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How do you know if you’re spending your life savings too quickly after retirement? The short answer is you probably don’t. Most retirees are in the dark, which is why they tend to be so cautious in their spending habits.

In theory, you could know where you stand if you had the right software but (a) you have to find it first and (b) you have to trust the output. At present, those are two big ifs. Fortunately, there is a quicker way to check on whether you are spending too much or too little. It involves calculating your leftover savings at a given point in time as a percentage of what you started out with. You then compare that percentage with the right benchmark.

To show how this works, I used a sophisticated spreadsheet to compute benchmarks for a middle-income couple who saved a fairly sizable amount. By “sizable” I mean in the middle six figures, not millions. I am also assuming that this couple derives all their retirement income from their savings plus Canada Pension Plan (CPP) and Old Age Security (OAS), which they take as soon as possible. In other words, they have no defined-benefit pension and haven’t purchased an annuity from an insurance company. Finally, I assume they retire in their early 60s.

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After they retire, their savings will continue to grow with interest and capital gains but will shrink to the extent they draw an income. If they invest in stocks, their savings can also shrink due to capital losses. How likely are losses? In the case of professional pension fund managers, their portfolios have suffered a net loss about once every seven years since 1960. This is with 50 per cent to 60 per cent being invested in stocks, which is roughly what I think most retirees should be considering. So yes, the occasional loss is almost inevitable.

Over time, the couple should expect their nest egg to dwindle but not to the point that they run out of money, at least not until they are well into their 90s. The question is, just how much money should they have left at various points after retirement? This is where we come to the benchmarks. To keeps things simple, we’ll consider three milestones: nine years, 18 years and 27 years after retirement. The table shows what percentage of their savings they should still have left:

Table 1 – Remaining Savings (if CPP taken early)

Years after retirement Benchmark savings as a percentage of their starting amount
9 75%
18 50%
27 25%

Source: Frederick Vettese

The numbers in the table should shock most readers. A study earlier this year by the Washington-based Employee Benefit Research Institute showed that people who had been retired for 18 years still had assets equal to 89 per cent of their starting amount. That is nearly double the benchmark number in the table. The EBRI study was based on U.S. retirees, but for various reasons, I am fairly certain that the typical middle-income Canadian retiree would have preserved even more than 89 per cent after 18 years of retirement.

As low as they seem, the percentages in the table are conservative – meaning they are skewed toward the high side – for a couple of reasons. First, I rounded up. Second and more important, I produced the percentages by running two economic scenarios and then used whichever scenario produced the higher percentage. In one scenario, the investments do fairly well (achieving about a 5-per-cent annual return) and in the other, they do very poorly. By poorly, I mean an average return for a balanced portfolio averaging just 2 per cent a year over 27 years and even less than that over shorter periods. In either scenario, I assumed the couple adjusted their spending habits to ensure they would still have a modest amount of savings remaining by the time they reached their mid-90s.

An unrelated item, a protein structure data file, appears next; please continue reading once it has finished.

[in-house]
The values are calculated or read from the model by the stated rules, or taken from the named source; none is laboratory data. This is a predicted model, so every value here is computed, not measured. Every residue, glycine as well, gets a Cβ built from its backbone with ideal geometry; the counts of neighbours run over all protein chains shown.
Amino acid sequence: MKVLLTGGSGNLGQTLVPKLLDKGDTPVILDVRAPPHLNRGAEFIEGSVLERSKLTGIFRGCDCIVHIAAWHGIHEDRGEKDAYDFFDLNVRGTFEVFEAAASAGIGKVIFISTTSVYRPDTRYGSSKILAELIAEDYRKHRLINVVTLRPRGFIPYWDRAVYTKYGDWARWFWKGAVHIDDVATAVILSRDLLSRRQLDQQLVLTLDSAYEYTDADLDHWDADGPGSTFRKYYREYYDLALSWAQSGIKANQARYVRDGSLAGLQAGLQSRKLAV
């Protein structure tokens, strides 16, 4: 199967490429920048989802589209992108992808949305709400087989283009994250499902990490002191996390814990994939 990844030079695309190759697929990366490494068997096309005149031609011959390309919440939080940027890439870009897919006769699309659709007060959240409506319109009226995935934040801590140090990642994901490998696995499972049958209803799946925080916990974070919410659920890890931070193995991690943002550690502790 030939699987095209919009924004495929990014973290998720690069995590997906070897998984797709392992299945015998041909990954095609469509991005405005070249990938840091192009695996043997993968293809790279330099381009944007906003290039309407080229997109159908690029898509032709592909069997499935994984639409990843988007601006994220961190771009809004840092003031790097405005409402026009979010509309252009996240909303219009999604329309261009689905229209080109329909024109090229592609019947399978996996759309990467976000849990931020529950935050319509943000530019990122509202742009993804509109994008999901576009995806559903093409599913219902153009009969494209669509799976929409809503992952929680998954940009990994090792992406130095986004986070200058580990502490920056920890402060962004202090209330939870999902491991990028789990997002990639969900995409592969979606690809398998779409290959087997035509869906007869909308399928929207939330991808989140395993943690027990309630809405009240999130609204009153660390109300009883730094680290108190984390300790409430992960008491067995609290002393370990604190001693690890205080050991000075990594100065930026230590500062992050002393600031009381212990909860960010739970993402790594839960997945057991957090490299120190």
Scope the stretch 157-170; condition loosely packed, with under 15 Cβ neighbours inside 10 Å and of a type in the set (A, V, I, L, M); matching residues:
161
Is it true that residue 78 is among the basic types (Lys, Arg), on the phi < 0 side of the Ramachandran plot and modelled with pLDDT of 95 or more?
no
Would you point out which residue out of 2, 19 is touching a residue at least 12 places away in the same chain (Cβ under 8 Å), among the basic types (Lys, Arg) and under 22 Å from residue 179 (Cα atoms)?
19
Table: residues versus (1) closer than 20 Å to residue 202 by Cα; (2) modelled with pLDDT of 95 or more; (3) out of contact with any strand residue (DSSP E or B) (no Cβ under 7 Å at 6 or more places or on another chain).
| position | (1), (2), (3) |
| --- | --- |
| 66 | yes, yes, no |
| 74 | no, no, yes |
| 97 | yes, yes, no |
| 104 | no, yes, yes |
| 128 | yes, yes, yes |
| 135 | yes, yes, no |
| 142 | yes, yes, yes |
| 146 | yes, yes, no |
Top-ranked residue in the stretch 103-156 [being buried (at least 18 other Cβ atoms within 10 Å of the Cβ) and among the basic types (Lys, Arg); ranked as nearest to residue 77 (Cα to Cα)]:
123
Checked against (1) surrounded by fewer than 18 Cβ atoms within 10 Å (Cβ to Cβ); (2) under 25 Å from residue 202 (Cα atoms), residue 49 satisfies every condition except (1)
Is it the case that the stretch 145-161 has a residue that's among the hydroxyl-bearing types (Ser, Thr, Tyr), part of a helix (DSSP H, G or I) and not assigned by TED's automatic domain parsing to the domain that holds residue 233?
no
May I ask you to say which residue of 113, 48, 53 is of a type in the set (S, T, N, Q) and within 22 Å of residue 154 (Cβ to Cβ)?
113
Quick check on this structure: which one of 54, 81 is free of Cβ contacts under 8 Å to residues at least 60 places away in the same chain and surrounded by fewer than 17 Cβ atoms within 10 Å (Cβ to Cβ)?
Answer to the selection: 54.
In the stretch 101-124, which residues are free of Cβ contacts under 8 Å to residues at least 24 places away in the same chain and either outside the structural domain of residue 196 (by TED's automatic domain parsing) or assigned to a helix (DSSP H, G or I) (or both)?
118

Given that the benchmark percentages are so much lower than expected, it is natural to be skeptical. The most likely objection is that surely the prudent retiree wants more than a modest amount of money remaining at the age of 95, just in case he or she lives a very long time. If that is how most people feel, then why do so few retirees buy an annuity to protect themselves against extremely long lifespans? In my book, I suggest that people use 20 per cent to 30 per cent of their savings at the point of retirement to purchase a life annuity as a hedge against living too long.

If the above couple had elected to start their CPP at 70 instead of immediately, the benchmark savings percentages would have been lower still. That is because they are getting so much more pension from the CPP in their later retirement years so they can feel equally secure with a smaller nest egg.

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Finally, there is one scenario in which the 27-year benchmark should not even be necessary. The best strategy for most retirees is to buy an annuity with about half their remaining money around 75 and well before the 27-year milestone is reached. If they did that, it would greatly alleviate any worries they might have about outliving their money after 90.

Frederick Vettese is an actuary and author of “Retirement Income for Life: Getting More without Saving More”.

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